The Swiss cabinet is not in favour of liberalising the Swiss transport market by allowing foreign coach firms to offer inter-city services within Switzerland.
In a report released on Thursday, the seven-member body said it is not keen on going beyond the current legal framework, as it deems the quality of existing international transport options in Switzerland as satisfactory. This means that the current ban on cabotage – the right of foreign companies to transport goods or passengers between locations within the country – will continue.
"Indeed, such liberalisation would jeopardise the gains of the Swiss public transport system," stated the report.
Earlier this year, German company Flixbus was fined CHF3,000 ($3,066) as passengers were using its coaches on the Lyon to Constance route for cut-price inter-city travel within Switzerland. The buses stop at Geneva, Bern and Zurich. For comparison, a ticket on the Swiss Federal Railways between Geneva and Zurich costs CHF44.50 while a Flixbus ticket from Lyon to Constance is a mere CHF20.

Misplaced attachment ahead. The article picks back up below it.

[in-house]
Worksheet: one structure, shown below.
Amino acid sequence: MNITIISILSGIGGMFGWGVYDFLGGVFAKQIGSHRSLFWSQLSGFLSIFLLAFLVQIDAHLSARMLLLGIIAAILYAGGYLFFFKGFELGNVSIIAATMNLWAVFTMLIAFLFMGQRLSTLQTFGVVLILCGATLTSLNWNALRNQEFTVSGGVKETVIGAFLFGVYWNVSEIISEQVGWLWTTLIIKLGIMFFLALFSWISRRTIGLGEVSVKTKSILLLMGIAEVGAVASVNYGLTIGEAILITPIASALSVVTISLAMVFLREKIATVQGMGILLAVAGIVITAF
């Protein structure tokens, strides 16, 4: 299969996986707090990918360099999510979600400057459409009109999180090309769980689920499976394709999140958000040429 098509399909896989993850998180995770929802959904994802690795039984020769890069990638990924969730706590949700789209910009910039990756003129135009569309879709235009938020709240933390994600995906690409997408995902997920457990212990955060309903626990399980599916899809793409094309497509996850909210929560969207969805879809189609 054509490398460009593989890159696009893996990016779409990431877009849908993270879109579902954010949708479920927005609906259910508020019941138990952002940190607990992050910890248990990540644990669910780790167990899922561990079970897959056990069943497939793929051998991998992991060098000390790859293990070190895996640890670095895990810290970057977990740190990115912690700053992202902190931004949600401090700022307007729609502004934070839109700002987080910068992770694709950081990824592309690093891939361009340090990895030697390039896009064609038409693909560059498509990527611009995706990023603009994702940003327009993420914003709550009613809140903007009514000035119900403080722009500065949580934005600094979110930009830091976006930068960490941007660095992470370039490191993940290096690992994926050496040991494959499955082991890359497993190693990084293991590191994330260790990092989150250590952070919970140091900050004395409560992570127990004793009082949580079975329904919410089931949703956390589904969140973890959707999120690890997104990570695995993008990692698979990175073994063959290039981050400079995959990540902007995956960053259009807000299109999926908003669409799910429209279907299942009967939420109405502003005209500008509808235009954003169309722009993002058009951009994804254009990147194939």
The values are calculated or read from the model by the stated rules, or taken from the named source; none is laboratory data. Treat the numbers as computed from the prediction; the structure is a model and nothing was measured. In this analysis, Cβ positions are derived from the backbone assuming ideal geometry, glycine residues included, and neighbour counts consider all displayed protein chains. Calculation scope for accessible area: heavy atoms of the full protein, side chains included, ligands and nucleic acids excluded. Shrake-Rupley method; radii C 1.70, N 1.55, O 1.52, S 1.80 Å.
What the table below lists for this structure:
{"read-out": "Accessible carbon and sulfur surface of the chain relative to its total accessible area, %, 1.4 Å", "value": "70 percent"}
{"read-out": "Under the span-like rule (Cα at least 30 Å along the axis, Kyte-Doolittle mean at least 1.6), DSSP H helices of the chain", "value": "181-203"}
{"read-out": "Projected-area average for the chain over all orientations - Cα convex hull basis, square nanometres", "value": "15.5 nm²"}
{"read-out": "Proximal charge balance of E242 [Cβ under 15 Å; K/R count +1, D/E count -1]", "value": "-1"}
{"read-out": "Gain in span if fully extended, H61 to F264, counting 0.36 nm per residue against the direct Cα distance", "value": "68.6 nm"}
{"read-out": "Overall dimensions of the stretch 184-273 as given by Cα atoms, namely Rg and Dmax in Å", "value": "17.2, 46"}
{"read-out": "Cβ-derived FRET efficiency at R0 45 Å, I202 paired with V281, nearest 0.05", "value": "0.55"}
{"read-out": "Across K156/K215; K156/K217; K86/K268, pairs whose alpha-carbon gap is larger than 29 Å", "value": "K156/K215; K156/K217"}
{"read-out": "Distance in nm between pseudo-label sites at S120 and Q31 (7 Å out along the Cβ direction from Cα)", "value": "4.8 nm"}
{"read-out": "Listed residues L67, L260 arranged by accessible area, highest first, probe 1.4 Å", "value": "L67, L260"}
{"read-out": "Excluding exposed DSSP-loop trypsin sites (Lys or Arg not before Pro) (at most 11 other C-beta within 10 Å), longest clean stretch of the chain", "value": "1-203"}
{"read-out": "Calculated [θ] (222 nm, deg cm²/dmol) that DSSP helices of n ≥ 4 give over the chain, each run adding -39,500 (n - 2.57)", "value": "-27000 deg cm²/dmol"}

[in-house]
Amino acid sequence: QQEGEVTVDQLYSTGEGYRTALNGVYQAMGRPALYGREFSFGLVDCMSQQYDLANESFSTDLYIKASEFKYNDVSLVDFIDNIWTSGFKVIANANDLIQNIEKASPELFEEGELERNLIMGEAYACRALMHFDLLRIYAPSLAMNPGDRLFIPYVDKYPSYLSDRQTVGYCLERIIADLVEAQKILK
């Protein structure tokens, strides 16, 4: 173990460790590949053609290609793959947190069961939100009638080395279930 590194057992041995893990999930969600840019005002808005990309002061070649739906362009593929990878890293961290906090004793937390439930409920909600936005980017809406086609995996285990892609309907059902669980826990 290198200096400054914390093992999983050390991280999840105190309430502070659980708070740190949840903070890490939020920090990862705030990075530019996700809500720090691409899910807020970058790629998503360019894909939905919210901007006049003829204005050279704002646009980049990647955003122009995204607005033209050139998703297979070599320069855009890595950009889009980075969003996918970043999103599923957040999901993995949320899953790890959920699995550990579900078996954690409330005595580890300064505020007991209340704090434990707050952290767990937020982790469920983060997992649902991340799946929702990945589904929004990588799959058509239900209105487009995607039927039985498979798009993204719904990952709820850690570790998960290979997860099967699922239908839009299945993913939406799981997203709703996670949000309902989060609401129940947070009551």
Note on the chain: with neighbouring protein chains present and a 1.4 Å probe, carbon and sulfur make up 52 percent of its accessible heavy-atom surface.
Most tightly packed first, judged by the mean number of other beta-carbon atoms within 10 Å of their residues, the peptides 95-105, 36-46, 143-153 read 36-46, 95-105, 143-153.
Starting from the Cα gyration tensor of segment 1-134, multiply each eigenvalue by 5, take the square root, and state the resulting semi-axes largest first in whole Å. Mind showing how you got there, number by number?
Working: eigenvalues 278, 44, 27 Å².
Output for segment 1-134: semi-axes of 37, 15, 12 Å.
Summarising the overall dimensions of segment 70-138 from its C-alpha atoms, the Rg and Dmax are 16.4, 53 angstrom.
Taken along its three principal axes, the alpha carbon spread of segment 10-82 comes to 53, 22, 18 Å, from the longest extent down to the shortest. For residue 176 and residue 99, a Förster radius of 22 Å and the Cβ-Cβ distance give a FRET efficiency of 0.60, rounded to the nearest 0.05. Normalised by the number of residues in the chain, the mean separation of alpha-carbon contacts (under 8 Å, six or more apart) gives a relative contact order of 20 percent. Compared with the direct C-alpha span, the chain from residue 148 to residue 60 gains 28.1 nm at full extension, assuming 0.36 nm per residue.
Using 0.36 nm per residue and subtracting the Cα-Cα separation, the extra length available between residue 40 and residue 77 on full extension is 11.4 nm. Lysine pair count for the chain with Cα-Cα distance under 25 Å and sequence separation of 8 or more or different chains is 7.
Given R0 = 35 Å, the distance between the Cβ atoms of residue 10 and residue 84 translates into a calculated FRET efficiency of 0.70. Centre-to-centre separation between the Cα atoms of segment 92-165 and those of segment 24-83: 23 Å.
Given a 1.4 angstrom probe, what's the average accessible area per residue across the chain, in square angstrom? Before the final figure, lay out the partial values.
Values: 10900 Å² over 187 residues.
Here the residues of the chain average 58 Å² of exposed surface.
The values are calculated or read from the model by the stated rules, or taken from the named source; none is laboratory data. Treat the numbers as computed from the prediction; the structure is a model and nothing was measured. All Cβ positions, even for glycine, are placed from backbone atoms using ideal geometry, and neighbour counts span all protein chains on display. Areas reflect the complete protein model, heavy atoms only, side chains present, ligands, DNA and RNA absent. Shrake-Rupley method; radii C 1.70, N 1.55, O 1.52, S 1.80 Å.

Instead of lifting the cabotage ban, the cabinet proposes improving infrastructure at bus stations and developing minimum requirements for domestic bus operators. However, there is a glimmer of hope that buses could give trains a run for their money in the future. The cabinet report mentions integrating private bus operators into the public transport system through measures like making the half fair rail card and annual rail pass valid on them as well.
More rail competition?
The report indicates that the cabinet is considering the possibility of partial liberalisation of international rail transport. Currently, services are only possible if an agreement is reached between a Swiss company and a foreign one.
There are plans to allow foreign rail companies to offer international passenger services on their own initiative. Cabotage will also be allowed in this case. The government hopes that this kind of liberalisation would result in more options for passengers and increase competition.
swissinfo.ch and agencies